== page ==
Why is it that so many of the happy-sounding hits of the 1960s such as "Downtown" and "Georgy Girl" become sad if you listen to the lyrics?

That dichotomy is addressed in "Last Night in Soho," which starts like one of those upbeat tunes and, having shifted gears a couple of times in between, ends up somewhere darker and stranger. Taking us on that journey is Ellie (Thomasin McKenzie from "Jojo Rabbit"), a present-day fashion student whose obsession with swinging London of the 1960s mind-melds her with a seemingly carefree, '60s alter ego named Sandie (Anya Taylor-Joy).

Sandie shows Ellie the neon lights and short skirts of Carnaby Street but also the dirty truth beneath the pop-art glamour: Twiggy and Julie Christie may have been the avatars of the era but, like so many things, it was controlled by leering, perverted white men with money. Ellie, who lost her mother at a young age, begins to understand why her mom died by suicide while struggling to solve the disappearance of Sandie, who she believes was murdered.

It's a chaotic movie, shifting from bright comedy to David Lynch-style mind games to Tarantino-esque violent romp to whodunit to horror. As you might guess from that description, there's no way to harness the reckless energy of the story. There are times when "Soho" could give you whiplash, like when you're asked to vibe with a John Hughes-esque romance between Ellie and a fellow student just as the movie pivots to zombies — and I don't mean the Zombies, who had a few of those happy/sad '60s hits themselves.

That can be frustrating but also thrilling. If you get tired of feeling like you always know what's going to happen next in movies, I guarantee you won't experience that with "Soho." You won't be bored and you won't need to fear that director/co-writer Edgar Wright ("Baby Driver") has nothing to say. If anything, he has too much, as evidenced by the credulity-straining final twist, about which it's better not to say much except that it asks a lot of an actor who is outstanding but not a miracle worker.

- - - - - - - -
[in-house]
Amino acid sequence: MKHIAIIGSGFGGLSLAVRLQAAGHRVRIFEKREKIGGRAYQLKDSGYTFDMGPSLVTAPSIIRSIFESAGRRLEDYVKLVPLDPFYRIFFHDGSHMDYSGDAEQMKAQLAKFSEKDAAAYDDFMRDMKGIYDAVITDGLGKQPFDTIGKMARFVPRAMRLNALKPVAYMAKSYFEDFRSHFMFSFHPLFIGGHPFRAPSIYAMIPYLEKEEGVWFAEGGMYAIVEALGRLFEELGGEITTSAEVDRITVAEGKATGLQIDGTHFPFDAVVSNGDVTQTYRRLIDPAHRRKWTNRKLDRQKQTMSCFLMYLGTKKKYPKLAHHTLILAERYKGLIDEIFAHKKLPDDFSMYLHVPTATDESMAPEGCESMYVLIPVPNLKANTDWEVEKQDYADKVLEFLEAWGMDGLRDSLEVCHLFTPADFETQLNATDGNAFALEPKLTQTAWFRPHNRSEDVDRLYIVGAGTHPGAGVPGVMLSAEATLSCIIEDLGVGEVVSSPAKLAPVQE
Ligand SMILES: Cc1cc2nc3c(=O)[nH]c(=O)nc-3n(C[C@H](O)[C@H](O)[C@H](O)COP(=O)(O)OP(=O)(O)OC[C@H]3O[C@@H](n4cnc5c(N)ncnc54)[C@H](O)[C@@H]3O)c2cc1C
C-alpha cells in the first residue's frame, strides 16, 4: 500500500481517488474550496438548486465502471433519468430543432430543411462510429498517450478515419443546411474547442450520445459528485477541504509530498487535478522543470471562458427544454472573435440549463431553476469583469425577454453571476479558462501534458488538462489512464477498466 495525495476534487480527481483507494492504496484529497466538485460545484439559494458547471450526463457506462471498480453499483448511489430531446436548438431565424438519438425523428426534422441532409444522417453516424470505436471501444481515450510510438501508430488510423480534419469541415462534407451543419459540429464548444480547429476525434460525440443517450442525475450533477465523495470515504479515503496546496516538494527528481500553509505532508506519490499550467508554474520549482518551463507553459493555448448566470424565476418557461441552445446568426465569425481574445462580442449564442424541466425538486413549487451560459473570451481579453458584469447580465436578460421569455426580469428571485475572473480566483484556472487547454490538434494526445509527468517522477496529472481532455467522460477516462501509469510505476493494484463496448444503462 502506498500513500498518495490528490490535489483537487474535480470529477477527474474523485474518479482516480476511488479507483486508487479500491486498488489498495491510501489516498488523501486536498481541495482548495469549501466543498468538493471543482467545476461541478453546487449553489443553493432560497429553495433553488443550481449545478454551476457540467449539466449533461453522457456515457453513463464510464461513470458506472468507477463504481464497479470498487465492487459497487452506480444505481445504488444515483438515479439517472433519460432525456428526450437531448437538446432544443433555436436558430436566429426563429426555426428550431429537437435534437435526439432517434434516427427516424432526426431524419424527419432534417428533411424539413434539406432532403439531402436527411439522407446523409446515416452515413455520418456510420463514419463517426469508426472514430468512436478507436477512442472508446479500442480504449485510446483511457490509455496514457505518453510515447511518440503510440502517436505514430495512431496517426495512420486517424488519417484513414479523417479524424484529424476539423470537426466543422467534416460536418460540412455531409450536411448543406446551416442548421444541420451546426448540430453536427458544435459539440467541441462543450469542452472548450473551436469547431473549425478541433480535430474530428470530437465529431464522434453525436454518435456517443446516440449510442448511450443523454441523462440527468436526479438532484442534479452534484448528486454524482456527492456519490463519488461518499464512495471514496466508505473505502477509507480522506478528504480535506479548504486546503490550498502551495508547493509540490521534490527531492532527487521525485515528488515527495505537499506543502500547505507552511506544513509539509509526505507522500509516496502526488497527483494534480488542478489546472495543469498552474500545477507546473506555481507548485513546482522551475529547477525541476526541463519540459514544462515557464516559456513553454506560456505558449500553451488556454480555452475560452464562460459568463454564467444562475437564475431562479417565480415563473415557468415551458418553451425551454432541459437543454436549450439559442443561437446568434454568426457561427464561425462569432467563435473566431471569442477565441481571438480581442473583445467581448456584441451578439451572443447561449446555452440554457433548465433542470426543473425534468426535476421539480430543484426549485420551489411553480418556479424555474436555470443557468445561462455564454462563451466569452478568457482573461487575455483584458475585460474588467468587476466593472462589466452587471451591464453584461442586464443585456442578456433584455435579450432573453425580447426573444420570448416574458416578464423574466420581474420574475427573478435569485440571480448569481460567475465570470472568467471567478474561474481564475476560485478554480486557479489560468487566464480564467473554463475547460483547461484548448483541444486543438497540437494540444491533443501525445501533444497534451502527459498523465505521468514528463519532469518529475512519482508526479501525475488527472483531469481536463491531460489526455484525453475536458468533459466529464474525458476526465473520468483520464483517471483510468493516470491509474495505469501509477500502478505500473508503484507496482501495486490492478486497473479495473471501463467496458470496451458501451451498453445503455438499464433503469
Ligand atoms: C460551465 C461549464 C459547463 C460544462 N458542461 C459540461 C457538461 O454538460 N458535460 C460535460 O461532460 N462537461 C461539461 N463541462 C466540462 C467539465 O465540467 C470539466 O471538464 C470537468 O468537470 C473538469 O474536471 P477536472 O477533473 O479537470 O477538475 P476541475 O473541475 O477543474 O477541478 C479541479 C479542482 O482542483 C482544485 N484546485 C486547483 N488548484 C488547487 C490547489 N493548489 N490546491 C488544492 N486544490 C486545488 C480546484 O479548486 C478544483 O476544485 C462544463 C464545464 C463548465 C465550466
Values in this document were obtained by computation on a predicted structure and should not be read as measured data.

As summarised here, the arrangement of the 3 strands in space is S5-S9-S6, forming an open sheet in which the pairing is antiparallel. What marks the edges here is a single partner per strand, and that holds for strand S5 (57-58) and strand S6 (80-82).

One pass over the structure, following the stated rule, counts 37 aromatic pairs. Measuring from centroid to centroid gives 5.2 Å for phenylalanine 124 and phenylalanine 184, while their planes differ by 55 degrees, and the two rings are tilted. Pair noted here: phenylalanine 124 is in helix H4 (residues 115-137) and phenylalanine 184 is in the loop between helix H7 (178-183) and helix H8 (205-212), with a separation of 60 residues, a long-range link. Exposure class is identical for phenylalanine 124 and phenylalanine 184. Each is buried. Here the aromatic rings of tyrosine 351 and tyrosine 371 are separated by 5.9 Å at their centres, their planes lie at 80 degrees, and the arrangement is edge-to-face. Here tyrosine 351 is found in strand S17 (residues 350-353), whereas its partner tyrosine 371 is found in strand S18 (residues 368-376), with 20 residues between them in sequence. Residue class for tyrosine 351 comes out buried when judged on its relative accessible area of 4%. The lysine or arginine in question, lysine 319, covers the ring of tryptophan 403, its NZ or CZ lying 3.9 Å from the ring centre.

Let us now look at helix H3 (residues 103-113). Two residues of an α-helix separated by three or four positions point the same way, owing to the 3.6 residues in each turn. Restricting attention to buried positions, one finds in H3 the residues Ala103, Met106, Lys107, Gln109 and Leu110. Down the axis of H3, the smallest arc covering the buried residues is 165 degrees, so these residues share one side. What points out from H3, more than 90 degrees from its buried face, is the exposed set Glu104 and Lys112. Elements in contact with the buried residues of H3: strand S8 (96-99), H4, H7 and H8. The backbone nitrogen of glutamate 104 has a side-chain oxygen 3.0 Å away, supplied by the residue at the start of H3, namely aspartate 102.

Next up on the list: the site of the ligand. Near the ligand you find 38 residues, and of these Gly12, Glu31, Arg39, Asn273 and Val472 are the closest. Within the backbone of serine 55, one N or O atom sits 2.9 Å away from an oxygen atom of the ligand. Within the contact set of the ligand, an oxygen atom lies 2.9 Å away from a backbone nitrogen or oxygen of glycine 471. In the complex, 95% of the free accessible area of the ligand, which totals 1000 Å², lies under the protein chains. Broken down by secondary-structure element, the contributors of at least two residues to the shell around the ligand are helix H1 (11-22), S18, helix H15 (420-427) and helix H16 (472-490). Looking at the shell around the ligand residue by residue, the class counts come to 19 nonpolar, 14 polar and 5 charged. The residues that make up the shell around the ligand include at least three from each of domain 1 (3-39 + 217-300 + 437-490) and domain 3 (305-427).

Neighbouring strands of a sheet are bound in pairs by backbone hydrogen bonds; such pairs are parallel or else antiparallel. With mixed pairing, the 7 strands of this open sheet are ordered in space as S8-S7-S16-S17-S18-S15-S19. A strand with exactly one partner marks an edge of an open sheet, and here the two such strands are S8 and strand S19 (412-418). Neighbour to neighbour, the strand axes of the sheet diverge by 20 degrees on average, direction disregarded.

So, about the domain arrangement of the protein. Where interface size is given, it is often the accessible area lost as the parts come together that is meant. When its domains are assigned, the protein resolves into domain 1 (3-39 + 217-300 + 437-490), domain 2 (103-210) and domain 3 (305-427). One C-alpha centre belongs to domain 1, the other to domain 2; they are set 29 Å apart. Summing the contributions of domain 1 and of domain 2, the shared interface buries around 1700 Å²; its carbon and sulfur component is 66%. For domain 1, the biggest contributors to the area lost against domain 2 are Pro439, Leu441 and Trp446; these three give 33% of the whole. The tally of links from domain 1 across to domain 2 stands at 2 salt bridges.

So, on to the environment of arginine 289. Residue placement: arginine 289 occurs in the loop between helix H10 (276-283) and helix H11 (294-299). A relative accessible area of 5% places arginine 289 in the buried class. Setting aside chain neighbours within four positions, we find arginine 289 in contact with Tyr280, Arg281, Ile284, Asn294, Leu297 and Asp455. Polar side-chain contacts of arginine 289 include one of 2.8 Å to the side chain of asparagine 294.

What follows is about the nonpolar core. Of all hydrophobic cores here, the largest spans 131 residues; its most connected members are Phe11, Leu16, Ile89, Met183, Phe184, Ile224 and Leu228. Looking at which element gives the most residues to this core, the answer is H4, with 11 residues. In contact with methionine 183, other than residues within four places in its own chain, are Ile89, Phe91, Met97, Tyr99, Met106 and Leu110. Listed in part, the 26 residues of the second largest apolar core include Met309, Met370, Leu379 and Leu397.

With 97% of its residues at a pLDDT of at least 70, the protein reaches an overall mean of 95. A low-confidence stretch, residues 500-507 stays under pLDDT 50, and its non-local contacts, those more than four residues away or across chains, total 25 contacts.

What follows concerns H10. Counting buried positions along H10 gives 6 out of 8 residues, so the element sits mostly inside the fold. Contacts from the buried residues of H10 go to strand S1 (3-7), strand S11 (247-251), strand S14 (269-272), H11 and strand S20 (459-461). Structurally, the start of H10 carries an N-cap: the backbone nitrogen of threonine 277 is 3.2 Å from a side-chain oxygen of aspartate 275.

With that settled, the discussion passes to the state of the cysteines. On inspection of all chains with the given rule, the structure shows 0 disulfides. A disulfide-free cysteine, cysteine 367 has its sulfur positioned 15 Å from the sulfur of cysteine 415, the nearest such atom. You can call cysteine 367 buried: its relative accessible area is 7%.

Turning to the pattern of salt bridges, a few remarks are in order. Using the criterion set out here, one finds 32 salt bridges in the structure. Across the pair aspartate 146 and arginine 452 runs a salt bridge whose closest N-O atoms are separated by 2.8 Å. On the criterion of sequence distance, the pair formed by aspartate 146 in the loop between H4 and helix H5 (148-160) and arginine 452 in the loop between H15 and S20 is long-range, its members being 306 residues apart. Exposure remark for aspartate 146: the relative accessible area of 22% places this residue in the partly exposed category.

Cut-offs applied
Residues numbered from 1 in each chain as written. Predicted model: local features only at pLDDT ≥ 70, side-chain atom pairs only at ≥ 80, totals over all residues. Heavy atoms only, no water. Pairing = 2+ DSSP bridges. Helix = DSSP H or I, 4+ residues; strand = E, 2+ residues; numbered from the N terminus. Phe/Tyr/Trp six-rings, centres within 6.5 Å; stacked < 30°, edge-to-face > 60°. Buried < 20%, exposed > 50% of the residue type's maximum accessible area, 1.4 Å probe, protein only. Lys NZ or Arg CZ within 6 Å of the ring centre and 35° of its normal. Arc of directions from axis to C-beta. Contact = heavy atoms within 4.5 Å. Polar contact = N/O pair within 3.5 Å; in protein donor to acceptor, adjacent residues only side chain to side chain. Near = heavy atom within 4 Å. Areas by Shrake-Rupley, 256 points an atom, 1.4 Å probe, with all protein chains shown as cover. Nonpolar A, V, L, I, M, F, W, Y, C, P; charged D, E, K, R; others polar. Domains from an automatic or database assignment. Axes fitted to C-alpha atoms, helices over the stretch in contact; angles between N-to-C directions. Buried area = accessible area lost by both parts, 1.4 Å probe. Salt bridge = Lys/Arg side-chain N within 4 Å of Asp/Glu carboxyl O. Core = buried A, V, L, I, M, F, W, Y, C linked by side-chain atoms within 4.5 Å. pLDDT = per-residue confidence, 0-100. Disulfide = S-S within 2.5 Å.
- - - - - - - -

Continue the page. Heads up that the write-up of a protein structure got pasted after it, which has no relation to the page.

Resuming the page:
Wright has cleverly cast Rita Tushingham, Terence Stamp and the late Diana Rigg, three people who actually were around for the swinging '60s. Rigg, playing Ellie's landlady, says of her tenant's obsession with the era: "It's more my time than yours." Their elegant performances balance the shape-shifting elsewhere in the movie and offer subliminal reassurance that not everything we believed about the stylish fun of the '60s was wrong, since the actors, like their characters, made it out alive.

They'd probably agree with singer Petula Clark that "when you're alone and life is making you lonely, you can always go downtown."

But, having lived through exploitative behavior and toxic moneymen, these three survivors are a reminder that it's a good thing to go there with your eyes wide open.

'Last Night in Soho'

*** out of 4 stars

Rated: R for bloody violence, sexual content, drug use and frank nudity.

Release: Wide release.